Earlier this week, a declassified Inspector General report suggested the National Security Agency’s controversial Internet and phone monitoring program scoops up much less data than we previously suspected, because the program has a narrower targeting list. If that made anyone feel more comfortable with the Surveillance State, news that the Obama Administration is planning to let the NSA share more of its data with other agencies might refresh their anxieties.
“The change would relax longstanding restrictions on access to the contents of the phone calls and email the security agency vacuums up around the world, including bulk collection of satellite transmissions, communications between foreigners as they cross network switches in the United States, and messages acquired overseas or provided by allies,” the New York Times reported on Thursday.
“The idea is to let more experts across American intelligence gain direct access to unprocessed information, increasing the chances that they will recognize any possible nuggets of value,” the Times continued. “That also means more officials will be looking at private messages – not only foreigners’ phone calls and emails that have not yet had irrelevant personal information screened out, but also communications to, from, or about Americans that the N.S.A.’s foreign intelligence programs swept in incidentally.”
Early in the NSA controversy, authorities asserted one of the reasons bulk data harvesting should not be a concern is that most of the information was dumped into storage servers where no one really looked at it.
The new plan to provide the data to even more agencies for analysis was, unsurprisingly, not well-received by civil-liberties advocates. “Before we allow them to spread that information further in the government, we need to have a serious conversation about how to protect Americans’ information,” said ACLU lawyer Alexander Abdo.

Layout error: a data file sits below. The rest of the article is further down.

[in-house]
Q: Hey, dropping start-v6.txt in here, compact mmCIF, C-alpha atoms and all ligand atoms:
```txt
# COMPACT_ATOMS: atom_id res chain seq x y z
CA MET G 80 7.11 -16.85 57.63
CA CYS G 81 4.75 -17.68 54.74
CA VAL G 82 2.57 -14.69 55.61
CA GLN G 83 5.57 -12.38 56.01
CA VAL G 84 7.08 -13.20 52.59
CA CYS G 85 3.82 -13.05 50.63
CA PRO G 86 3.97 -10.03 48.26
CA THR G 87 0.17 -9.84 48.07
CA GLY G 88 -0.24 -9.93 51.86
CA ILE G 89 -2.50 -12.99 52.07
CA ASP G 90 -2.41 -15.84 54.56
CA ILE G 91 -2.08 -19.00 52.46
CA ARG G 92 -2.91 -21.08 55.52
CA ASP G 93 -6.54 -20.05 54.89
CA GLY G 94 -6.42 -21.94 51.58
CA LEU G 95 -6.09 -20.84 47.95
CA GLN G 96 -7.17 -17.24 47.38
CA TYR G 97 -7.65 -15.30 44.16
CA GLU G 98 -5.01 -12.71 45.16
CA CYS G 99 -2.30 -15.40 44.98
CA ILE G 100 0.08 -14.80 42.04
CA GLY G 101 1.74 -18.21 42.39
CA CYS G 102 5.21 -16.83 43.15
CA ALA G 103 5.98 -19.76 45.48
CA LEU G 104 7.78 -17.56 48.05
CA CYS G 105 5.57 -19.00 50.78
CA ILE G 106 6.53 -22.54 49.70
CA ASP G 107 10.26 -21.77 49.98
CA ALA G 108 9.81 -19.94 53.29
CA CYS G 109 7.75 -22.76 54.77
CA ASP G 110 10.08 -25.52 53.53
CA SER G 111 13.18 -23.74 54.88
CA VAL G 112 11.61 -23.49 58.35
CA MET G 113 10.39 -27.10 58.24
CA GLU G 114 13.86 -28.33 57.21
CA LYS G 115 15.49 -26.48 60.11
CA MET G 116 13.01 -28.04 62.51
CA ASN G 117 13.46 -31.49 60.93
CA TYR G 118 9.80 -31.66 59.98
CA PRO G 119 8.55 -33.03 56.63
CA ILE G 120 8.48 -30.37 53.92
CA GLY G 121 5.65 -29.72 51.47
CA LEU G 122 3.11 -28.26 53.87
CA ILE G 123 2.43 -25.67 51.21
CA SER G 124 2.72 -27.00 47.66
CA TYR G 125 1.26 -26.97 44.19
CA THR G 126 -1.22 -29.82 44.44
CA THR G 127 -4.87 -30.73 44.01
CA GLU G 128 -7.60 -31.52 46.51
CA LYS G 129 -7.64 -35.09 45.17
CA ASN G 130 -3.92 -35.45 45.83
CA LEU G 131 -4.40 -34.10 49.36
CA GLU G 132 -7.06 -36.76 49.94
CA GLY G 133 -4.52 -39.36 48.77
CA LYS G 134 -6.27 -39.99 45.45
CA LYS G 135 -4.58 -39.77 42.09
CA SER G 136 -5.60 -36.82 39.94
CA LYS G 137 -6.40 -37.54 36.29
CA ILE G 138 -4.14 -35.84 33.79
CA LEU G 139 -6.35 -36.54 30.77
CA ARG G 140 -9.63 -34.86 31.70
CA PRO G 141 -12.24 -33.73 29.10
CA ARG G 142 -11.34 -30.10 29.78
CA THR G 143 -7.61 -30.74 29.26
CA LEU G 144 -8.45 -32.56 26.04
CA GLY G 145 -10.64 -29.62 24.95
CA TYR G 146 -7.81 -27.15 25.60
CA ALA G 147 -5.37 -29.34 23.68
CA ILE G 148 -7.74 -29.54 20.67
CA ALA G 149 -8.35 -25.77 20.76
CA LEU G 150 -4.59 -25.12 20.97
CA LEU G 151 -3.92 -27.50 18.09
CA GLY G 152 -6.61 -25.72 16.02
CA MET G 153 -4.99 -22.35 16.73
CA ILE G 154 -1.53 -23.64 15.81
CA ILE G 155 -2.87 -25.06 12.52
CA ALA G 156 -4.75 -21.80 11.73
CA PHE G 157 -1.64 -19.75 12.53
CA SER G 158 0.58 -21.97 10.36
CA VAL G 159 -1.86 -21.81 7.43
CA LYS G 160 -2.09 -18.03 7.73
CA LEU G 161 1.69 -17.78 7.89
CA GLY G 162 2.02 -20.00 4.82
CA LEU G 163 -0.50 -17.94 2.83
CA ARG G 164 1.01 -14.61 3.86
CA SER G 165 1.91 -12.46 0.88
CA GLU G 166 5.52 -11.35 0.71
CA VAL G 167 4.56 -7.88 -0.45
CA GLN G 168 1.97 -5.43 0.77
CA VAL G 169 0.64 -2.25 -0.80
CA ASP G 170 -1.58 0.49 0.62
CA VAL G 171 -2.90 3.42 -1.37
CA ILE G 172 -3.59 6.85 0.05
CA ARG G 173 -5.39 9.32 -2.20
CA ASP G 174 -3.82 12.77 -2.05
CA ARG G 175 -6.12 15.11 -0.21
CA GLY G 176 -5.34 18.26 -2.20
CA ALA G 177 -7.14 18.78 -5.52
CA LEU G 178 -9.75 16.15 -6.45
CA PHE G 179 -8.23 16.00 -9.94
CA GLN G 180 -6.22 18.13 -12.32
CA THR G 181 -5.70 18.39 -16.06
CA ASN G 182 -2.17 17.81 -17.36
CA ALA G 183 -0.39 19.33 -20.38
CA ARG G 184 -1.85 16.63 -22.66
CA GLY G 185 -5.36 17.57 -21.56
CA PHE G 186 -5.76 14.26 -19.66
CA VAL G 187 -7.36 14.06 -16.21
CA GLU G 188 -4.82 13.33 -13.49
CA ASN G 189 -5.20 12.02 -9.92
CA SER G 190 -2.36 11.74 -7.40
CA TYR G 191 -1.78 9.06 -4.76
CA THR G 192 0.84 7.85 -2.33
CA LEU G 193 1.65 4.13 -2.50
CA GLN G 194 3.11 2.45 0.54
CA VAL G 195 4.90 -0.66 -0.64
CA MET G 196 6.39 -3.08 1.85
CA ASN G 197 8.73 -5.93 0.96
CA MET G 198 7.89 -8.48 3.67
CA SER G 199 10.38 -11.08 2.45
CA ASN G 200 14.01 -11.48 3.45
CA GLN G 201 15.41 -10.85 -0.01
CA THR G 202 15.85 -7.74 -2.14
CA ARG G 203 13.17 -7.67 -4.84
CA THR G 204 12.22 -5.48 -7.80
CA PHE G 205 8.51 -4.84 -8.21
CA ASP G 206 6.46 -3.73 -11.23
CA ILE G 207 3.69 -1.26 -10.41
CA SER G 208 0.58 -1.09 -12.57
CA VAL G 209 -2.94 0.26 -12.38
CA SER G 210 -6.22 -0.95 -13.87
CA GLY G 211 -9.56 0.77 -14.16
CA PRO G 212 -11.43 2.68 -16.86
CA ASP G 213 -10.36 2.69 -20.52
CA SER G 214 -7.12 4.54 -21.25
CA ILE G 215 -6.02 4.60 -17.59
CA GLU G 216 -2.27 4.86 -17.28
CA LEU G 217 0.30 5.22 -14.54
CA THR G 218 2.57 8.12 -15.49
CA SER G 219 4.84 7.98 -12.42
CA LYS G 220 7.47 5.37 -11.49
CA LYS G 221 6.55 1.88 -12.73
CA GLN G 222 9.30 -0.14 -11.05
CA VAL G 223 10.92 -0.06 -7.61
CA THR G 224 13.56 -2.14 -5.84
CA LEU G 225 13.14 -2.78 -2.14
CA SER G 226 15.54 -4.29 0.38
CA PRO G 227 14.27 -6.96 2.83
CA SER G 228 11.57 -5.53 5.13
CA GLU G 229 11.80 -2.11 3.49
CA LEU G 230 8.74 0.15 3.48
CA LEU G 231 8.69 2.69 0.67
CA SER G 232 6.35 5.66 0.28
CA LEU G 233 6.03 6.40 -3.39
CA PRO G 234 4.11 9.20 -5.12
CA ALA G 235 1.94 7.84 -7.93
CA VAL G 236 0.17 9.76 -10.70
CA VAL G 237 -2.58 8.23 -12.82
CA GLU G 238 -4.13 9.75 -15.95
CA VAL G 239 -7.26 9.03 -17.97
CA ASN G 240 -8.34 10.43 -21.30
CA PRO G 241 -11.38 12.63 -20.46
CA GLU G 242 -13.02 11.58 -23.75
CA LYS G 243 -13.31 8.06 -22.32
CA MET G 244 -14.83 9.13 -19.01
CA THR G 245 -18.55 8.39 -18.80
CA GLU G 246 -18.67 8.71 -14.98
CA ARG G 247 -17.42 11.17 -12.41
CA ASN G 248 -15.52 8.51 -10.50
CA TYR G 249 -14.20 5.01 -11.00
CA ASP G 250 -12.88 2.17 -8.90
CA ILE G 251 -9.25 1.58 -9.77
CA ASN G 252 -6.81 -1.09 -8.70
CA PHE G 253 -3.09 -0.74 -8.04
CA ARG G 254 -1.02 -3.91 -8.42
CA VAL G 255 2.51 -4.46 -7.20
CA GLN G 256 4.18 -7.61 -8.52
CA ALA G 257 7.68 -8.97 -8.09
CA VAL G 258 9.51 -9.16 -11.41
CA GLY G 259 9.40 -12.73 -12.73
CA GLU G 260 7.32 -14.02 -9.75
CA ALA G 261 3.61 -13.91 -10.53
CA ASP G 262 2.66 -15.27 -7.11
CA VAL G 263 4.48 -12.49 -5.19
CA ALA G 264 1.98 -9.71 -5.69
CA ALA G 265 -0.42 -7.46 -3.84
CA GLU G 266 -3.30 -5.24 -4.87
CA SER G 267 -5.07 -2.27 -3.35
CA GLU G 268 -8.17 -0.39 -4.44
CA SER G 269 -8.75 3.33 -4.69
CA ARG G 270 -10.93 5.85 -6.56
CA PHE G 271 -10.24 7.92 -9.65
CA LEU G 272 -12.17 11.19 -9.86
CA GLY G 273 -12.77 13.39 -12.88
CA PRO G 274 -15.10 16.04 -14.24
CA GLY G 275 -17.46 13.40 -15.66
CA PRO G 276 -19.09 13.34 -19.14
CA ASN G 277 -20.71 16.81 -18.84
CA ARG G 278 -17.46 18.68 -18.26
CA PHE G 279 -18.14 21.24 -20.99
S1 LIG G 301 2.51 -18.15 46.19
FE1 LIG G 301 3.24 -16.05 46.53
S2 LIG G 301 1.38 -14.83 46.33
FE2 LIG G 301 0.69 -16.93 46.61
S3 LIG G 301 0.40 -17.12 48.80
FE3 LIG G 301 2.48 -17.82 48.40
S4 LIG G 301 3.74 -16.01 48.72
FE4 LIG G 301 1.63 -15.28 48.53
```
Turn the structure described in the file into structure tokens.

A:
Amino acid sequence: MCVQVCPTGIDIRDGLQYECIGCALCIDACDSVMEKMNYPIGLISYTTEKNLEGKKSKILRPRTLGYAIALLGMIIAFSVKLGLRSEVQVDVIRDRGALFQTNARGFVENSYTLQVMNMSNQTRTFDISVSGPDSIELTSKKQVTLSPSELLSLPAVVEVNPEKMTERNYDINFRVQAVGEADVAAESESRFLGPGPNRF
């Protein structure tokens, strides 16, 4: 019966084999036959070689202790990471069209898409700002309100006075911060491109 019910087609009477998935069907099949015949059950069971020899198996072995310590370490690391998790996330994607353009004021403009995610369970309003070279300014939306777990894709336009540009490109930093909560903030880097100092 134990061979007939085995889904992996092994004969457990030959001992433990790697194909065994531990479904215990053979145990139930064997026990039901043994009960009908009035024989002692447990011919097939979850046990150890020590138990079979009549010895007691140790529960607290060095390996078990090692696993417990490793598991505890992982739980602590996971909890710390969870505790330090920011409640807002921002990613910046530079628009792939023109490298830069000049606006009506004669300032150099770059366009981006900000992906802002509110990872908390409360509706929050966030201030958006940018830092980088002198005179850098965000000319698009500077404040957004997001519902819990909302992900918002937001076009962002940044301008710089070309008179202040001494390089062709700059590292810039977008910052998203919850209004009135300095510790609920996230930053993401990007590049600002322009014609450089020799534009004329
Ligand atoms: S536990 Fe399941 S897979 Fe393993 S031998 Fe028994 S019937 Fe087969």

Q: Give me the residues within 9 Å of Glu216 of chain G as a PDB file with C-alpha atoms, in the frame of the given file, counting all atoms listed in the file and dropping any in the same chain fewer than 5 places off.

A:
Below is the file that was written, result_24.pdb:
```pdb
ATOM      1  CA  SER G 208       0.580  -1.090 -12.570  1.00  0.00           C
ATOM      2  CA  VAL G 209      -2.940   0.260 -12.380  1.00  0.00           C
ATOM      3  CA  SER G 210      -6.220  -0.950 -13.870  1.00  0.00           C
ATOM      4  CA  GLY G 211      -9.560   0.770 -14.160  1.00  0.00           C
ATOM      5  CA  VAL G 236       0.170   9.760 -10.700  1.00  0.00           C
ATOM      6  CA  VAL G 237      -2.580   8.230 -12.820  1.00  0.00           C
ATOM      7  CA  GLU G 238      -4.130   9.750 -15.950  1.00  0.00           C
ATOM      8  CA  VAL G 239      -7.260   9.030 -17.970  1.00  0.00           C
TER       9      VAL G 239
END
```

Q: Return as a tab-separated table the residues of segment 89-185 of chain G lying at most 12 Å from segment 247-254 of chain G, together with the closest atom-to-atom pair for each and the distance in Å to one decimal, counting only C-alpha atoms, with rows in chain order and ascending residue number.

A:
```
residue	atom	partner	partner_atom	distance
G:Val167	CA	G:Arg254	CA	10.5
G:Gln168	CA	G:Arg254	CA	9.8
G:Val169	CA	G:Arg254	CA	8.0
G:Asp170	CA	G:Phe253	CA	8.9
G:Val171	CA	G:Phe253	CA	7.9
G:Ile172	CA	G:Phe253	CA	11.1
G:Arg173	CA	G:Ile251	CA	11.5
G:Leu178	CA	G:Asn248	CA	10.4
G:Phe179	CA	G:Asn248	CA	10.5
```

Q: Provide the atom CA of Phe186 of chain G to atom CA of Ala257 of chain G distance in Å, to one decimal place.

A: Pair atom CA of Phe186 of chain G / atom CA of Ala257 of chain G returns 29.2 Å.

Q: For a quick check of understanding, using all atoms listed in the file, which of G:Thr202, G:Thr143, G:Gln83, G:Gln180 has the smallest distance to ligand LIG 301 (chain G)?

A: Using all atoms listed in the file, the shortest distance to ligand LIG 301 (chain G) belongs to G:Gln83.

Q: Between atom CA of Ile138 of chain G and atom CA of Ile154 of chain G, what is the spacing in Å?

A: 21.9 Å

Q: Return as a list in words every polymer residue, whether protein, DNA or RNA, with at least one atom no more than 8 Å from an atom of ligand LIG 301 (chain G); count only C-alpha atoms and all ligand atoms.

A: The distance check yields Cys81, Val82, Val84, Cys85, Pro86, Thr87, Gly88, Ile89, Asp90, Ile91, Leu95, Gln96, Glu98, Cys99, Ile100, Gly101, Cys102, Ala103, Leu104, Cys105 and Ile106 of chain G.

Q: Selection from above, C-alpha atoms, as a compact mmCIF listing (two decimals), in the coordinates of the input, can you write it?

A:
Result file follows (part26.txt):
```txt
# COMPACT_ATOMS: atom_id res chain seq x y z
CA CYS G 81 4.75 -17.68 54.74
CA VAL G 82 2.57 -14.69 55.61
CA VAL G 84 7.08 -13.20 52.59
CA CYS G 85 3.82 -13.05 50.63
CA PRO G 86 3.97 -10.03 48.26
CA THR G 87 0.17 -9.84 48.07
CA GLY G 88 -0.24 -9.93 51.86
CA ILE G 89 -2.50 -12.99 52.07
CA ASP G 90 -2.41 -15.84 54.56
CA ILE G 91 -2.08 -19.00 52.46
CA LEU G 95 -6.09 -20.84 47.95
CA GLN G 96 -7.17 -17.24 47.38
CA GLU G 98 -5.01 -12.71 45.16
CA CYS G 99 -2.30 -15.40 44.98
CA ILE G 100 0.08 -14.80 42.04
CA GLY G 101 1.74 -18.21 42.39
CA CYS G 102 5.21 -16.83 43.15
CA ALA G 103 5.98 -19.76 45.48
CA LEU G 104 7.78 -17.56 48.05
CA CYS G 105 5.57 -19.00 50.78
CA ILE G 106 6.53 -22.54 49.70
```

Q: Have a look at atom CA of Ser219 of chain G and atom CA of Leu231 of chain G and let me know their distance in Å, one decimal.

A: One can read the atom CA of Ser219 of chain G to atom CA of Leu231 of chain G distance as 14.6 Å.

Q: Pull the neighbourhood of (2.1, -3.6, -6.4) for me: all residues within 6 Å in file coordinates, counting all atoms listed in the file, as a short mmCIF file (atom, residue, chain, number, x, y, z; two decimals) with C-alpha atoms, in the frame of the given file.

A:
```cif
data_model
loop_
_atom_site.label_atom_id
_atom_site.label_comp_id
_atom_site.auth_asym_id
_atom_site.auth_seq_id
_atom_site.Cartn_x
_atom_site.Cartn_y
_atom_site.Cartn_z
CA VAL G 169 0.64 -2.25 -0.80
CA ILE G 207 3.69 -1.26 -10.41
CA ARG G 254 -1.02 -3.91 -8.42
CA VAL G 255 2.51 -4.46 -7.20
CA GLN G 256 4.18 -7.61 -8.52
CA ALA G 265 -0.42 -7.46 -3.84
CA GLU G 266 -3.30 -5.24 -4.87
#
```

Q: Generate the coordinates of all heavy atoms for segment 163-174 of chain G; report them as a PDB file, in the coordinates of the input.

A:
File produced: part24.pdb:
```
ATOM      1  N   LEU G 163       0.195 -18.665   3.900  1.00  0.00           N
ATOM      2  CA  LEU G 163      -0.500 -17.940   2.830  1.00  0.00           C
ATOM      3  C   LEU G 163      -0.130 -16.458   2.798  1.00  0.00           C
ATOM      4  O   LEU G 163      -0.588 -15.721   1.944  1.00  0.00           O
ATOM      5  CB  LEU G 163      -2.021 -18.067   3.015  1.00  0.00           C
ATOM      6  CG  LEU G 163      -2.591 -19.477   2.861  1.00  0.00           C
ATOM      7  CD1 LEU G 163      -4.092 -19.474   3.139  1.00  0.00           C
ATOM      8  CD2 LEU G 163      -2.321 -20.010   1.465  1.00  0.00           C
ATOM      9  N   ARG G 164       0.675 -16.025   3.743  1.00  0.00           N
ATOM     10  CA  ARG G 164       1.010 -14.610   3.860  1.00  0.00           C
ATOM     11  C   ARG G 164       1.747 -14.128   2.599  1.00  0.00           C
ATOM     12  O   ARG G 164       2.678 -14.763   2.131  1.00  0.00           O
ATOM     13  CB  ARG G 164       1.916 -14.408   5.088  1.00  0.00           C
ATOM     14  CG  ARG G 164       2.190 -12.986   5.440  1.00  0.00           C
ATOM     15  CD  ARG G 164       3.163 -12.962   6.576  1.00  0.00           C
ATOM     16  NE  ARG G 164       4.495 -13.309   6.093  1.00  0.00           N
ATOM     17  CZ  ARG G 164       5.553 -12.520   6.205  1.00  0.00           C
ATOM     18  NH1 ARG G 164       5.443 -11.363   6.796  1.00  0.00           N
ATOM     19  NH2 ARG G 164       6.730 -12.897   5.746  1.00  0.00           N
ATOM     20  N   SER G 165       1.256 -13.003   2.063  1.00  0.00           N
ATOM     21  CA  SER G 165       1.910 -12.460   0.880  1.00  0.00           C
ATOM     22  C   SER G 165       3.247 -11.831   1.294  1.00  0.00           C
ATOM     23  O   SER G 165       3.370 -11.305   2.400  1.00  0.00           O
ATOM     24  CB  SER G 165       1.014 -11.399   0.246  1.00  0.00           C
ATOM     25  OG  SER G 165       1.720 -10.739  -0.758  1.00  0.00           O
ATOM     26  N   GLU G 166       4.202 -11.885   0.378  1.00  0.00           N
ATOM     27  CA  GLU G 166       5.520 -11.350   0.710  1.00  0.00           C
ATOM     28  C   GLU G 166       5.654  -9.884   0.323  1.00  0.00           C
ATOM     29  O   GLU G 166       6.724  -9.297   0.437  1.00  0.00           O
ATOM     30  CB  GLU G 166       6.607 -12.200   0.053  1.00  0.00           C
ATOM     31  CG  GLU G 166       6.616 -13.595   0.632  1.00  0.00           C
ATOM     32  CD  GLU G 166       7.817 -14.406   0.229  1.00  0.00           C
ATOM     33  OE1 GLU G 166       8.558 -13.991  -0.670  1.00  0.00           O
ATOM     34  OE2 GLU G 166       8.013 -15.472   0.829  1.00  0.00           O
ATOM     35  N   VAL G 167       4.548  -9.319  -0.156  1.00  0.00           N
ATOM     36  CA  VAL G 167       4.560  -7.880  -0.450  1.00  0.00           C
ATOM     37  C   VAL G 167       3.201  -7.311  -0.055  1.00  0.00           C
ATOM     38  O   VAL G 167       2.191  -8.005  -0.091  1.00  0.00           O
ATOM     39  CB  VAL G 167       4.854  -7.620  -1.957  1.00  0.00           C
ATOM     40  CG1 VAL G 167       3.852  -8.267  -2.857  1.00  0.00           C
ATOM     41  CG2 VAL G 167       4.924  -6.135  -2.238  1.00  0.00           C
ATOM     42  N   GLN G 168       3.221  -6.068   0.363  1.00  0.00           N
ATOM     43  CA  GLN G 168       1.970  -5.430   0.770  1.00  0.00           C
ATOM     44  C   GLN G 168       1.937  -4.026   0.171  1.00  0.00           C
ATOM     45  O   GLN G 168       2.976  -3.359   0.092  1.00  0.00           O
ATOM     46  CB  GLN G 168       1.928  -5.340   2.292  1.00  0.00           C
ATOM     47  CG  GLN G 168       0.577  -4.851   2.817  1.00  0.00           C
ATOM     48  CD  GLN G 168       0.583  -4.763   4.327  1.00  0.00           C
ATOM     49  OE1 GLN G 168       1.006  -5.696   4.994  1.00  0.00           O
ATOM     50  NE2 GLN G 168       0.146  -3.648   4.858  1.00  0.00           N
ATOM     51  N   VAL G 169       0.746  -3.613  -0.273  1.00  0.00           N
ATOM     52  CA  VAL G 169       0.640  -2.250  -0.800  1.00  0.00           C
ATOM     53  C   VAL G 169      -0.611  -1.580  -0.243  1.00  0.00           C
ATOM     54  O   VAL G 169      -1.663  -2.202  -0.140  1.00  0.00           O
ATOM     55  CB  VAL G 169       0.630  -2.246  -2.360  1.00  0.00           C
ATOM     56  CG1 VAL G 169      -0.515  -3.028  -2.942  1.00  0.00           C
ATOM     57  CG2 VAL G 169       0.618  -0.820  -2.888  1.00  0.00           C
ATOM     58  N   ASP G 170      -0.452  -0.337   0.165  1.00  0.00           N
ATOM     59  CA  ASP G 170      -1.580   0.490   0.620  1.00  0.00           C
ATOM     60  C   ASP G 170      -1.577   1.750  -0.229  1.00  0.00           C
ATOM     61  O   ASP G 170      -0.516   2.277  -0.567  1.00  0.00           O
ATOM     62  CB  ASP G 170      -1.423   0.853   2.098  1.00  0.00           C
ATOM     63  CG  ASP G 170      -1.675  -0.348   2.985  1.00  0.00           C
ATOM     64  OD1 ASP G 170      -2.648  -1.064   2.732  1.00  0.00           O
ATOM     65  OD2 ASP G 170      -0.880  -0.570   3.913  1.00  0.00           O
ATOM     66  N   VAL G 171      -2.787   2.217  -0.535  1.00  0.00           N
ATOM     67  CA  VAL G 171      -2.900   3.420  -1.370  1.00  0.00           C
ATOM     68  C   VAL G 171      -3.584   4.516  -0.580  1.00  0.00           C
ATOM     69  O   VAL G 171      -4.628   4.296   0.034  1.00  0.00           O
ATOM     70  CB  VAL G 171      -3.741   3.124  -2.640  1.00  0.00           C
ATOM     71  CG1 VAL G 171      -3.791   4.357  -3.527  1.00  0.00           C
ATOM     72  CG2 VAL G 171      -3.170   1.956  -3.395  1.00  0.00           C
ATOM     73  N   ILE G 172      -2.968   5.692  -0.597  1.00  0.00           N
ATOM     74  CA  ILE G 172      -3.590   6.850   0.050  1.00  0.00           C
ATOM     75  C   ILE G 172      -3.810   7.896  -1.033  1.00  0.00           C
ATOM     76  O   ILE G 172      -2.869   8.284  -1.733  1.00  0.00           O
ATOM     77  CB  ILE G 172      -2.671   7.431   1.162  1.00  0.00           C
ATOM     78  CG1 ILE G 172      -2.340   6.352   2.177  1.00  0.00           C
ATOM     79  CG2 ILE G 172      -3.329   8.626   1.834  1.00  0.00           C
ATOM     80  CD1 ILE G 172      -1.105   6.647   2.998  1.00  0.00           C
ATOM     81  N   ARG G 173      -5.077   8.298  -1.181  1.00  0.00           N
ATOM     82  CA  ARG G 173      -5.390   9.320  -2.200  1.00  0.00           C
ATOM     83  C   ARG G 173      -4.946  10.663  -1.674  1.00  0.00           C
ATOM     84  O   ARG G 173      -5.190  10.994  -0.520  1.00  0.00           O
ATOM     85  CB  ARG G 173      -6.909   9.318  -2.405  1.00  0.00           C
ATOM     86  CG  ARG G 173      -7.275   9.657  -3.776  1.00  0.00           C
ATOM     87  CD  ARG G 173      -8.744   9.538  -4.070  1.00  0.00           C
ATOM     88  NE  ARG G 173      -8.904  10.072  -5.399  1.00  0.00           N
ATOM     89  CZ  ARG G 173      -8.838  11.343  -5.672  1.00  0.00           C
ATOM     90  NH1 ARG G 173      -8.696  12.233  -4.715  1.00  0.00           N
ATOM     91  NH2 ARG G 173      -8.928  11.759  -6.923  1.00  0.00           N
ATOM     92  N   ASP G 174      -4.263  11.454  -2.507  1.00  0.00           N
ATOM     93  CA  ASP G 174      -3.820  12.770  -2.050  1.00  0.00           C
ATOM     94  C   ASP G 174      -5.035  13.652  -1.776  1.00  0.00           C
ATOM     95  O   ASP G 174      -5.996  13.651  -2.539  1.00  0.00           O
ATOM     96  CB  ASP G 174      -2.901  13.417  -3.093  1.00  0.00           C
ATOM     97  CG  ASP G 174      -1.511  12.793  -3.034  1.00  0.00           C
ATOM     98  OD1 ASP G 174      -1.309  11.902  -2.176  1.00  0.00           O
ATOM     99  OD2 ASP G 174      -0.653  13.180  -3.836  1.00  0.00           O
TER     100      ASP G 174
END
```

One troubling feature of the new standards is that much of the shared data comes from “incidental” surveillance that just happens to occur outside FISA, the Foreign Intelligence Surveillance Act. Protections for our privacy that restrain most other surveillance programs do not apply to the NSA’s bulk data harvesting programs. This becomes more of a concern when the data is passed along to more agencies, who intend to use it more aggressively than the NSA reportedly does.
Not only will more agencies see the harvested communications data, but the Times points out there will be less redaction of personal data. The precise details of the new standards will not be made public until they are “final and approved,” according to a spokesman for the office of the Director of National Intelligence, so we are told it would be “premature to draw conclusions about what the procedures will provide or authorize until they are finalized.”
Supporters of these surveillance programs note that the public was outraged by artificial barriers that prevented the intelligence community for connecting the dots on terrorist attacks, including 9/11. Removing those barriers results in a fearsome efficiency, with powerful modern computer systems sifting through gigantic amounts of data.